© Jed McKenna
IN MY MOUNTAIN-AGAIN RABBIT-HOLE, the thing I find most unbelievable is belief. If I were in an elevator with a Christian, Muslim, or Jew, I think I could, like some spiritual decongestant, remove mental mucous and restore free thinking in thirty seconds. I know that’s not true, but that’s how thin and unconvincing religious belief appears to me. I can’t reconcile it. I can’t really believe that anyone really believes it.
I’m convinced that if we took the most devout believer out of their belief-conducive environment for a month, away from all their trappings and trinkets, their programs and rituals, away from their codependents and enablers, away from triggers and support systems, away from all the little ways we empower fictions that have no power of their own, then that person, along with my thirty-second elevator pitch and a few moments of honest reflection, could return to the world disabused of their religious affliction, and a real step closer to adulthood.
Nonsense, of course, but that’s the weird thing about having truth on your side; you start to think it counts for something. It doesn’t, but because truth is better than anything anyone could make up, you get this false sense of what it could do if unleashed upon a sleeping world, like you could just pry people’s eyes open and they’d have to see. Even as I write this, I know that’s not true, but I don’t know why.
That’s what my primary realization did for me. It pried my eyes open to the simple and obvious fact that the swamp of eternal delusion couldn’t be all there was. There had to be something else; a place where something made sense. That place was truth, and the ridiculously simple realization that truth exists made me grab a six-inch knife and jump out of my rickety little boat into a churning ocean of blood and froth in a hopeless bid to slay an enormous and unslayable beast. That’s why I’m so wrongly convinced that the same realization could have the same impact on anyone of sound mind and stout heart.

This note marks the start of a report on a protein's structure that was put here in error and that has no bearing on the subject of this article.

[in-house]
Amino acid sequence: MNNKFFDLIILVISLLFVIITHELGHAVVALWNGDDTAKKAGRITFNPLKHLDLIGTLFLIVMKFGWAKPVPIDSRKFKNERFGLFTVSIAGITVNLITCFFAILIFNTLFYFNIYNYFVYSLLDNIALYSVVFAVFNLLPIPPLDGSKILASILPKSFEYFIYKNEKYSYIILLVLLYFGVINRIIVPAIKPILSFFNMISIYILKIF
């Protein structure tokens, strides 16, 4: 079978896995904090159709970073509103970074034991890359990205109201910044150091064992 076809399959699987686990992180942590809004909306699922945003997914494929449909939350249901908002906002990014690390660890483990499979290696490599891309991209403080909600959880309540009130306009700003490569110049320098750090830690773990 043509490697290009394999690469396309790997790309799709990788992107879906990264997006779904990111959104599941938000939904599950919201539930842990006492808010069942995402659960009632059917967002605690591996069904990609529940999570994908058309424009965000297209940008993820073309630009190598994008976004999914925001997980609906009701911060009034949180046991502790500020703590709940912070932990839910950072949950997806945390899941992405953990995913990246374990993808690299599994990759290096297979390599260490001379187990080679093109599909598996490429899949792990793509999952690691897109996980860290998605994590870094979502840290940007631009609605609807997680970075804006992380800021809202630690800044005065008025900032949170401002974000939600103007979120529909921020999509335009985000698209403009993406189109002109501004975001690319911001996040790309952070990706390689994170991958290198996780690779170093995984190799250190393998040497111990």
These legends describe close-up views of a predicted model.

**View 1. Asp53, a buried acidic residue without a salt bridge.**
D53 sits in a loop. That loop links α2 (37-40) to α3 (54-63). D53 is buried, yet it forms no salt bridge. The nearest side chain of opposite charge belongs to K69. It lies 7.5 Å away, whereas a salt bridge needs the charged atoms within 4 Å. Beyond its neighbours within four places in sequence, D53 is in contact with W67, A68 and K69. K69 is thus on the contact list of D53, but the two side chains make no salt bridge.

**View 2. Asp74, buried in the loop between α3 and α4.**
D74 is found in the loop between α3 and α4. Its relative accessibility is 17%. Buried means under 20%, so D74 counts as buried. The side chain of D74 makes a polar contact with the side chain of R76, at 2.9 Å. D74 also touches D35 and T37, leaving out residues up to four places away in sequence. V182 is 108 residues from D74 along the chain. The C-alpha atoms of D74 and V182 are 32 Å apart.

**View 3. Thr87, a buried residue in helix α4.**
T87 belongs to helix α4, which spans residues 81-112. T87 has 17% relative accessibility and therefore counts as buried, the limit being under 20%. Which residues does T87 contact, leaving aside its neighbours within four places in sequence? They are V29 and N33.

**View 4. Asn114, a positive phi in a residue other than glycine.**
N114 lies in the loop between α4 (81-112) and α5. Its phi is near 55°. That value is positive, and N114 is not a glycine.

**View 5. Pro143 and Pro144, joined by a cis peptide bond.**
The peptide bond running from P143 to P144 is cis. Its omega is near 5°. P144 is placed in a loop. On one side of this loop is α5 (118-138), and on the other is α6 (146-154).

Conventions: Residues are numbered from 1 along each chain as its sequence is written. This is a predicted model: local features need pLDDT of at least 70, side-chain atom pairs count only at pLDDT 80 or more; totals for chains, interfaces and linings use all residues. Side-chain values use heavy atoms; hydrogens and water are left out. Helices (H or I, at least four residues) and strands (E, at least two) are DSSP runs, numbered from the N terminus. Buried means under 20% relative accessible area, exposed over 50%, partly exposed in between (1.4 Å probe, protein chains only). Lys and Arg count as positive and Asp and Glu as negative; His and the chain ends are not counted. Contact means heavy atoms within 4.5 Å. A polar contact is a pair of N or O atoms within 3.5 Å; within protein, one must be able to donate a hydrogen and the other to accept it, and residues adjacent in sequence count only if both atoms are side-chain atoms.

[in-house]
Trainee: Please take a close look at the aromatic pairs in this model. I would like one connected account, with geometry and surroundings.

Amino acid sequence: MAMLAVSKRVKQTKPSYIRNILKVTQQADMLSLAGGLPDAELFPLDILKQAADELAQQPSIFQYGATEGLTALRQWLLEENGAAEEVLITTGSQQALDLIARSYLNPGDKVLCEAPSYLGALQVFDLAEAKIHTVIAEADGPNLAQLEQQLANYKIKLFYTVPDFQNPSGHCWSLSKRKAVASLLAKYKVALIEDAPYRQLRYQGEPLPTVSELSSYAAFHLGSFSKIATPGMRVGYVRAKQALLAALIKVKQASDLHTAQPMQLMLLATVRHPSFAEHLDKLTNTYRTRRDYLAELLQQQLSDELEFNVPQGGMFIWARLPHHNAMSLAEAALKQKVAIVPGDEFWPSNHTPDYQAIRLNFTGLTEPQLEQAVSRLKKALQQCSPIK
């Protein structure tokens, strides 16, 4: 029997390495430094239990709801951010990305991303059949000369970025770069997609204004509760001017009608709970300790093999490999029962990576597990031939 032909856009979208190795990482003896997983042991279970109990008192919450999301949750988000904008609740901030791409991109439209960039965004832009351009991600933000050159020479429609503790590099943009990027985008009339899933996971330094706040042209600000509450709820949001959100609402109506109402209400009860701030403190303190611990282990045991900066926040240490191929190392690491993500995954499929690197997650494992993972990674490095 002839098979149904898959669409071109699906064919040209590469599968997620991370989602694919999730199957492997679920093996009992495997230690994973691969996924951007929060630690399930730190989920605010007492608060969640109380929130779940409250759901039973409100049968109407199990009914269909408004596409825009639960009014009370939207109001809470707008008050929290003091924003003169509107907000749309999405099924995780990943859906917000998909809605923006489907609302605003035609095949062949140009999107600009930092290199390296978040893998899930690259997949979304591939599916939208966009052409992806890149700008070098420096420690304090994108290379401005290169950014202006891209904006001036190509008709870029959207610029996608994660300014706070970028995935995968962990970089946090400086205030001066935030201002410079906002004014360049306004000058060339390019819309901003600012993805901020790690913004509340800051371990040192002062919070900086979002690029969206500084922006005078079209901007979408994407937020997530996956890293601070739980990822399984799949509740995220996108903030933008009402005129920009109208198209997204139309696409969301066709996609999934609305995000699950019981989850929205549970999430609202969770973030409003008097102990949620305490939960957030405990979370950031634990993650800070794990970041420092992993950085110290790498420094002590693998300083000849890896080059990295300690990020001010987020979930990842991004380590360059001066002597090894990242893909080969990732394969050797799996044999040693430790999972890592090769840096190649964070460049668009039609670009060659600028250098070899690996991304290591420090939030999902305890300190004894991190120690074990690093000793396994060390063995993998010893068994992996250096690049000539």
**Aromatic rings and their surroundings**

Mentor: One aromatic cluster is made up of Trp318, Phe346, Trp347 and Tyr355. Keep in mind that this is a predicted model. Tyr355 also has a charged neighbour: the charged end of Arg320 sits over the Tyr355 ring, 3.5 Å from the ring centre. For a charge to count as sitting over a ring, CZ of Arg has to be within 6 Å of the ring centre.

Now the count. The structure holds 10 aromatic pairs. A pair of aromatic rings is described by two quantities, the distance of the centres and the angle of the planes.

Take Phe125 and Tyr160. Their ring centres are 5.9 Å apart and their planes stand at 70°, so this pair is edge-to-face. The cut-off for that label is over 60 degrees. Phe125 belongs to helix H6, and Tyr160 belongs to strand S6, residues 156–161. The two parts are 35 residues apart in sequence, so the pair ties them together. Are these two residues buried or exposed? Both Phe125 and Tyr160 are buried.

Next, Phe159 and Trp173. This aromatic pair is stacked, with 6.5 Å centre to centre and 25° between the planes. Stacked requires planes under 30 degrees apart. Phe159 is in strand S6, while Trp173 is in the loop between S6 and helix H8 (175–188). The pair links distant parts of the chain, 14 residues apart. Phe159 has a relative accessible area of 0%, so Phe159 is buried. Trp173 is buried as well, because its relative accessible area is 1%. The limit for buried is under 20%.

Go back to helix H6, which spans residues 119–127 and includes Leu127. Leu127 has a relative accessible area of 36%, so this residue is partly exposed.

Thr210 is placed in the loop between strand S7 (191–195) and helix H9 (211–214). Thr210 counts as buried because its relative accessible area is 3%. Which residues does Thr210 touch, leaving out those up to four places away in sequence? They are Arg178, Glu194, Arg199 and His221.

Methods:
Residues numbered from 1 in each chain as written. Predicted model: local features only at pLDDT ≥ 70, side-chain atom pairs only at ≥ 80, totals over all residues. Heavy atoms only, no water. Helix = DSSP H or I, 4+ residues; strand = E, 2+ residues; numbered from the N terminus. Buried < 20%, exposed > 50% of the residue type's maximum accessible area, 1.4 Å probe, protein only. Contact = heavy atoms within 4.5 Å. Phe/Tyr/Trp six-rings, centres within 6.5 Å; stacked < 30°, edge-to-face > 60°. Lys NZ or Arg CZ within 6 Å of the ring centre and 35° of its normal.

You can’t find truth in the swamp, but that doesn’t mean there is no truth. Before you can be blown apart by the realization that truth exists, though, you have to realize that you don’t have it and it’s nowhere in sight, and that’s the white-hot realization from which belief shields us.
Monotheistic religions can’t survive on their own merit so their time-tested strategy is to abandon common sense and be so über-nutso that they can’t be held to any reasonable standard of reason. This approach works for them, but it’s not of their creation or devising. It’s a facet of life in the fogbound, eyes-closed, fear-based dreamstate, and the soil in this part of the amusement park is so fertile that virtually any story you plant will sprout into an inhabitable fantasy. If you live in such a fantasy alone, you’re mentally ill, if you live there with a small group, you’re a brainwashed cultmember, and if you live there with a large group, you’re respectably religious.
I can only speak in general about monotheistic religions because whenever I swoop in for a closer look I get lost in the muck and mire and have to rise back out. Stated less metaphorically, the only thing I understand in U-Rex (The universe is all there is) is that nothing in U-Rex can be understood. There is no clarity possible in this interminable swamp, no possibility of anything more than more and more swamp. That’s why scientists and scholars and philosophers can dig and probe and sift forever and never reach an end. You can say the inhabitants of this swamp have their eyes closed, or that they’re fogblind, but the result is the same; no one can see anything, including the fact that no one can see anything.